What Tuna

One summer when I was very young, my father drove us to Cape Hatteras, North Carolina, famous for the hurricanes that bombard the coast there. As it turned out, August was not the best month for a visit; it rained on us for twelve days straight. Essentially a beach town in those days, Cape Hatteras offered no amusements other than sand and sea. But seafood houses abounded. So we occupied ourselves with our favorite family activity: eating.

The weather wasn't our only disappointment. The restaurants had the requisite rustic charm, all weathered wood and mellowed brass, but the fish tasted frozen, not fresh, and was usually served fried. Though my little palate was delighted with fish sticks and French fries, my mother was crushed, and we spent many evenings fruitlessly searching for an eatery that fulfilled the just-off-the-boat promise of its nautical decor.

I remember -- and appreciate -- her frustration as I scour Miami for a seafood place that suits me. Sure, fresh fish excels around here sometimes. But most often you wind up paying a premium for it, taking out a second mortgage to cover the cost of your stone crab claws and snapper fillets, which unbeknownst to you have been previously frozen A a shameful situation, given the proximity of their source. What I'm looking for is simple enough: fresh seafood served in a restaurant that practically hovers over the ocean, accompanied by a bottom-dwelling price tag. I thought North Miami's Tuna's Waterfront Grille might finally fit the bill. But just like North Carolina, it was sorry, Charlie.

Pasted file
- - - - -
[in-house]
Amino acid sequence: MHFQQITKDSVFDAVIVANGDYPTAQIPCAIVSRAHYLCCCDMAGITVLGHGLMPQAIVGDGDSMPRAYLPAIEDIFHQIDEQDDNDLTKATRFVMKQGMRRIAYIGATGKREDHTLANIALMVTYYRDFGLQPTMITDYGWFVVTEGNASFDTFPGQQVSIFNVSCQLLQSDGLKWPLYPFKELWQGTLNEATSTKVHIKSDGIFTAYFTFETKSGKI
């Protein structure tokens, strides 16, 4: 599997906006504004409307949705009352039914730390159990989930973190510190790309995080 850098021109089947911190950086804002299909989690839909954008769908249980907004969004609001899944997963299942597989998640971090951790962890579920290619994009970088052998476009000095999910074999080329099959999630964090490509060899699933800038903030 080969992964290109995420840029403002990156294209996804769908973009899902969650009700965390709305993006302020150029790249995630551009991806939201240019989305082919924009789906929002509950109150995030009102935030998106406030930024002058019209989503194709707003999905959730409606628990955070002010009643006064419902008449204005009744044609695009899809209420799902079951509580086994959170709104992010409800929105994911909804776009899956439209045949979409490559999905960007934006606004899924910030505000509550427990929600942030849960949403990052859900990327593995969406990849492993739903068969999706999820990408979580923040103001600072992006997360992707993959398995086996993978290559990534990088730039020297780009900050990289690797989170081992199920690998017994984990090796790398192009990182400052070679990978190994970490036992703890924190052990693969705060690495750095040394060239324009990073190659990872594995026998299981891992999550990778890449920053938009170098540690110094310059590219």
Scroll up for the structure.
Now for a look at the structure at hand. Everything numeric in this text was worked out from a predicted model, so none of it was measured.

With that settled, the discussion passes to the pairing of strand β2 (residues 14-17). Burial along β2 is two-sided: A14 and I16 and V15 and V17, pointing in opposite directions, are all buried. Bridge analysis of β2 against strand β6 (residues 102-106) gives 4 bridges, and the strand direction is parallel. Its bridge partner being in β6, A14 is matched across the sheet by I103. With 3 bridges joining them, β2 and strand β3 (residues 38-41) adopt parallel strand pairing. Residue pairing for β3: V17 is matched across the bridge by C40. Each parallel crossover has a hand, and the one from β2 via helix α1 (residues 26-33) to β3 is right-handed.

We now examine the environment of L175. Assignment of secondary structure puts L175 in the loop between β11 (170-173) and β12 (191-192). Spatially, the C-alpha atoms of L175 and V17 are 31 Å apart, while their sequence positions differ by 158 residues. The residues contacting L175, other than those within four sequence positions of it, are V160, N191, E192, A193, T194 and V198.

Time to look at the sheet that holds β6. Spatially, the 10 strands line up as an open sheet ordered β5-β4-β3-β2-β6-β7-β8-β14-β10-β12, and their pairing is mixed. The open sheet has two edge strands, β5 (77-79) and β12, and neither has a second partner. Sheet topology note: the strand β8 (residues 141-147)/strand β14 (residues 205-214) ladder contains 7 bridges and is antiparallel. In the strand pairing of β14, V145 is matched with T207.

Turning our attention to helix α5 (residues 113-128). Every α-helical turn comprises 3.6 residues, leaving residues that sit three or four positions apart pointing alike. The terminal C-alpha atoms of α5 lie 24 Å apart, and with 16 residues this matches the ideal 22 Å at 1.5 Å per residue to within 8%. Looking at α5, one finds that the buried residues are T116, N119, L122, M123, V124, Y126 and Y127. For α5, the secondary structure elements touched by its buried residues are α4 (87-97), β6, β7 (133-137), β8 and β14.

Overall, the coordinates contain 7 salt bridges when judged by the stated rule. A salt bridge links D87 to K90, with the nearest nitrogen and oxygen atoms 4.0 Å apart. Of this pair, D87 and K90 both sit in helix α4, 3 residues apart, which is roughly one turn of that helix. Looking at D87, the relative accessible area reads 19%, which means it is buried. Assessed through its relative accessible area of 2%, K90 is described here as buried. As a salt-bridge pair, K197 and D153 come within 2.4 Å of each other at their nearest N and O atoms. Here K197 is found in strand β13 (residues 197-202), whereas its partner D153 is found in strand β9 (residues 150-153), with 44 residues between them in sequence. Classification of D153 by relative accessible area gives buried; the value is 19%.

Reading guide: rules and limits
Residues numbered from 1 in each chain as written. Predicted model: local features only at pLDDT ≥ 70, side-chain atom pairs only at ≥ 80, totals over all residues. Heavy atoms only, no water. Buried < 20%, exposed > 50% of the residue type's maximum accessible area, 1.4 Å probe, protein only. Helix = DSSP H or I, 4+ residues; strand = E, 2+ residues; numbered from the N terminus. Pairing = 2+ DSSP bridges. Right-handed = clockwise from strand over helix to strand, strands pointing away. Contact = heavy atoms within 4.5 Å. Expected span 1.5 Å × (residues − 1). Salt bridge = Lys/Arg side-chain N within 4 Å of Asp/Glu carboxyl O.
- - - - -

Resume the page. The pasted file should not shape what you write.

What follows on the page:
In December of last year Charlie Tuna's abandoned its spot on a construction-ridden stretch of Biscayne Boulevard near FIU's north campus, took over Runaways on the Bay's space a few dozen blocks north, and changed its name to reflect the slightly more scenic surroundings. Despite its bay border, I've always considered Biscayne Boulevard a strange haven for seafood restaurants. But several eateries have survived, if not flourished -- Tark's and the Fish Peddler (which recently reopened after standing vacant for a few months) among them.

The new Tuna's takes advantage of its waterside digs with indoor and outdoor seating, a lounge with a full bar and live music, a fish market, a marina from which you can tie up or launch your boat, and a menu that is wide-ranging and not outrageously priced. Forgoing the wicker-and-cane dining room, we sat at a table on the deck overlooking the water, which was not as pleasant as we had hoped. Distracted by the very audible traffic whizzing by on the boulevard, we munched on complimentary garlic bread (greasy, stale-tasting, and overheated) as we waited for our appetizers. The list of starters is extensive, covering everything from sashimi (complete with wasabi) to fried calamari. We chose a traditional oysters Rockefeller, three large mollusks baked with spinach and topped with bechamel sauce. The oysters themselves had a strong, clean flavor, helped along by the iron zeal of the spinach. But the bechamel was overpoweringly sweet, burnt to a caramel color on top as if sugar had been sprinkled on at the last minute. Squirted with lemon, it was a face-twisting mix.